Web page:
Waukee APEX is joining the push to mitigate one of the most critical public health crises facing the world: antibiotic resistance.
There is a diminishing supply of antibiotics to treat the increasing number of antibiotic-resistant bacterial infections. This critical worldwide health crisis is extremely concerning given that our current arsenal of antibiotics is proving to be rather useless, and only a few new classes of antibiotics have been created since the 1970s. In fact, most pharmaceutical companies have abandoned the search for new antibiotics as a result of dwindling profit margins and long timelines for FDA-approval.
To combat the antibiotic resistance crisis scientists have united in a global effort to discover novel antibiotics by examining soil microorganisms collected from a variety of local environments. Why soil you may ask? Many of the most commonly prescribed antibiotics were discovered from “dirt.” Soil microbes produce two key antibiotics, Penicillin, and vancomycin. Imagine, a single handful of soil contains more living organisms than there are people on our planet!
Students at the Waukee APEX Research Laboratory, along with students from more than 270 participating schools across 44 US states, Puerto Rico, and 19 countries, are a part of the student sourcing efforts established by the University of Wisconsin-based Tiny Earth network. The students gain hands-on research experience in the Medical & Bioscience Research course to address the worldwide health crisis of antibiotic-resistant bacterial infections. This international collaboration harnesses the collective power of student researchers across the globe to discover new antibiotics from soil microorganisms. Tiny Earth is an ambitious and innovative project that allows students to engage in authentic research to address a real-world problem. Students feel a sense of ownership of their discoveries because the soil is from their local environment, at a site of their choosing, and they also feel a sense of belonging in the greater scientific community. Research has shown that students who engage in authentic research experiences are more likely to pursue and persist in science, technology, engineering, and math (STEM) fields.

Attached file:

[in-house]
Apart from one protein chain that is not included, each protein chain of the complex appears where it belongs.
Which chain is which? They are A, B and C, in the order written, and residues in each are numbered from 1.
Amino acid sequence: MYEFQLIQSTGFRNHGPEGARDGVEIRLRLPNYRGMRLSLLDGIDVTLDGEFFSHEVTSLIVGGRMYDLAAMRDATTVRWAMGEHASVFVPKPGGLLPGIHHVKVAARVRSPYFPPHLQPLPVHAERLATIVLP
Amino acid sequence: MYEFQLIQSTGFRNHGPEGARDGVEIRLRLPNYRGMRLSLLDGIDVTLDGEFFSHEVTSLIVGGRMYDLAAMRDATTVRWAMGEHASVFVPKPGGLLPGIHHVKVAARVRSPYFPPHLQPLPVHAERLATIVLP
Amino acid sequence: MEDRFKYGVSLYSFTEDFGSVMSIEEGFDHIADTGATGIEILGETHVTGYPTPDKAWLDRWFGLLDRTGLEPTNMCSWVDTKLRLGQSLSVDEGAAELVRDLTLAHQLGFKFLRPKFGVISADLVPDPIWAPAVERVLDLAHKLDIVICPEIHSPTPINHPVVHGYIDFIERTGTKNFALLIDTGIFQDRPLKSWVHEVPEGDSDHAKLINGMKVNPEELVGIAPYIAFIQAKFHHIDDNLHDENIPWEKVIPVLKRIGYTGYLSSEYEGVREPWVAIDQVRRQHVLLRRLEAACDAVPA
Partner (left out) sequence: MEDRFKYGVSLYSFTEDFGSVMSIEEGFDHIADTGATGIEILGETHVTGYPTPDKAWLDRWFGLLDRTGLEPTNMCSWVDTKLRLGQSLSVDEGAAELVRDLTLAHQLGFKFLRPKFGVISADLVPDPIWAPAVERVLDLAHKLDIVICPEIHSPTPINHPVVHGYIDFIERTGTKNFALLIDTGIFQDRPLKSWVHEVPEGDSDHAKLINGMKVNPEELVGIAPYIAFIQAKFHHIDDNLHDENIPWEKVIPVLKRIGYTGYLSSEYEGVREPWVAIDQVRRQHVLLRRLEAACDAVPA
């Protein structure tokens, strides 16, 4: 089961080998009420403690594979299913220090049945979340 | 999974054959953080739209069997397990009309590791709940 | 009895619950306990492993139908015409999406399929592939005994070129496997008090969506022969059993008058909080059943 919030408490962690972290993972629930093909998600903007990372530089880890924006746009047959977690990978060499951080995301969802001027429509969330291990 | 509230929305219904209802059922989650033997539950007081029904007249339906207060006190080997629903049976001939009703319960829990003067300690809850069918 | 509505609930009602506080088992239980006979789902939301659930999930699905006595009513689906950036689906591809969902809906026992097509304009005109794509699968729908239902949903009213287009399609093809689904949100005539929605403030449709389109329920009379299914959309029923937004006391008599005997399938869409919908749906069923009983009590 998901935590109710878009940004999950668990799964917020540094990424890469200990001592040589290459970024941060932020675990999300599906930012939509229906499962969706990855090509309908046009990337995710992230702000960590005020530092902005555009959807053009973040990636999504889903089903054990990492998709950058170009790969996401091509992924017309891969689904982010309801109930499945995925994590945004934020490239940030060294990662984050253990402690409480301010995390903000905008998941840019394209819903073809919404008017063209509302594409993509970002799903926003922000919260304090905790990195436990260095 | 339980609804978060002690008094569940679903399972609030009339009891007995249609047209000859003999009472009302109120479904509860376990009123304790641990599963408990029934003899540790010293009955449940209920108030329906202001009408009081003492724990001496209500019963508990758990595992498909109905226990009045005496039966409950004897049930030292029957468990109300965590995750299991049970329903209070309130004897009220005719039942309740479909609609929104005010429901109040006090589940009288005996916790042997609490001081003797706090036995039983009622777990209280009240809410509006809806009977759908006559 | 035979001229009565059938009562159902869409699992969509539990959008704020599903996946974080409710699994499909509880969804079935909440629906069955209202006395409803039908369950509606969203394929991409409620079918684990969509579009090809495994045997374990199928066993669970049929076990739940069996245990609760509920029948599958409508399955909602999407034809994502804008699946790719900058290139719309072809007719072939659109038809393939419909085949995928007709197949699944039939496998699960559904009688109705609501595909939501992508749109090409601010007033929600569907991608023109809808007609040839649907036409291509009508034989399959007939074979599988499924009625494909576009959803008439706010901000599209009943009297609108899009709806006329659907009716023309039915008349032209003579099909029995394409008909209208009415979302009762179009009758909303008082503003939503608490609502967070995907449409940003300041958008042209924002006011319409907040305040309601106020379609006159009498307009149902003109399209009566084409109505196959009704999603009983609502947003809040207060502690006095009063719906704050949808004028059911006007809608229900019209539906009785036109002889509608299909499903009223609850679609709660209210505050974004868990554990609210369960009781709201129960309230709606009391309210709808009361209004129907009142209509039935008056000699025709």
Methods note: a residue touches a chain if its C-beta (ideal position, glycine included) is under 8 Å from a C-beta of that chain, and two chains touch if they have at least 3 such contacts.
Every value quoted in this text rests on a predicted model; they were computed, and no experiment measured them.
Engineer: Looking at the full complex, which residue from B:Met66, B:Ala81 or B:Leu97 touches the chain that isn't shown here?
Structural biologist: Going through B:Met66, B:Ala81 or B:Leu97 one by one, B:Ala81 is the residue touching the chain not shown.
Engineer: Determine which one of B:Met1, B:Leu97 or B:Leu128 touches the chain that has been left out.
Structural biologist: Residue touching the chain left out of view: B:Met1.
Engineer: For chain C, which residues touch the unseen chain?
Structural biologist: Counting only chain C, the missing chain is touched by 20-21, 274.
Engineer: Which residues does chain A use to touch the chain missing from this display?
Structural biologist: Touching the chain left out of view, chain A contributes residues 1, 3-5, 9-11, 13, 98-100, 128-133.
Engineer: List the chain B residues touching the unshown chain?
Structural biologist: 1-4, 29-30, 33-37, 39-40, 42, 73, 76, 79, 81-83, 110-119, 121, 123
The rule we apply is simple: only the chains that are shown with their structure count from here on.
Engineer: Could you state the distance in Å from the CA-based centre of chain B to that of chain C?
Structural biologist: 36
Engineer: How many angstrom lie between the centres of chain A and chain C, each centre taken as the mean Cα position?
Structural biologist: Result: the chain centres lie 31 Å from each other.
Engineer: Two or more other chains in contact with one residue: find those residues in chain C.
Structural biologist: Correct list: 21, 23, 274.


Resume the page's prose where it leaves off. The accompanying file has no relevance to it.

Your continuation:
Dr. Holly Showalter, Waukee APEX instructor, recently attended the Tiny Earth Partner Instructor Training at the University of Wisconsin-Institute of Discovery. She explains, “The instructor training combined with this exciting partnership has given me the tools and resources to bring real-world antibiotic discovery projects to my Waukee APEX Associates. Further, the student sourcing initiative will be a great opportunity for my student associates to learn scientific skills and also contribute to solving the antibiotic resistance problem our world faces currently.”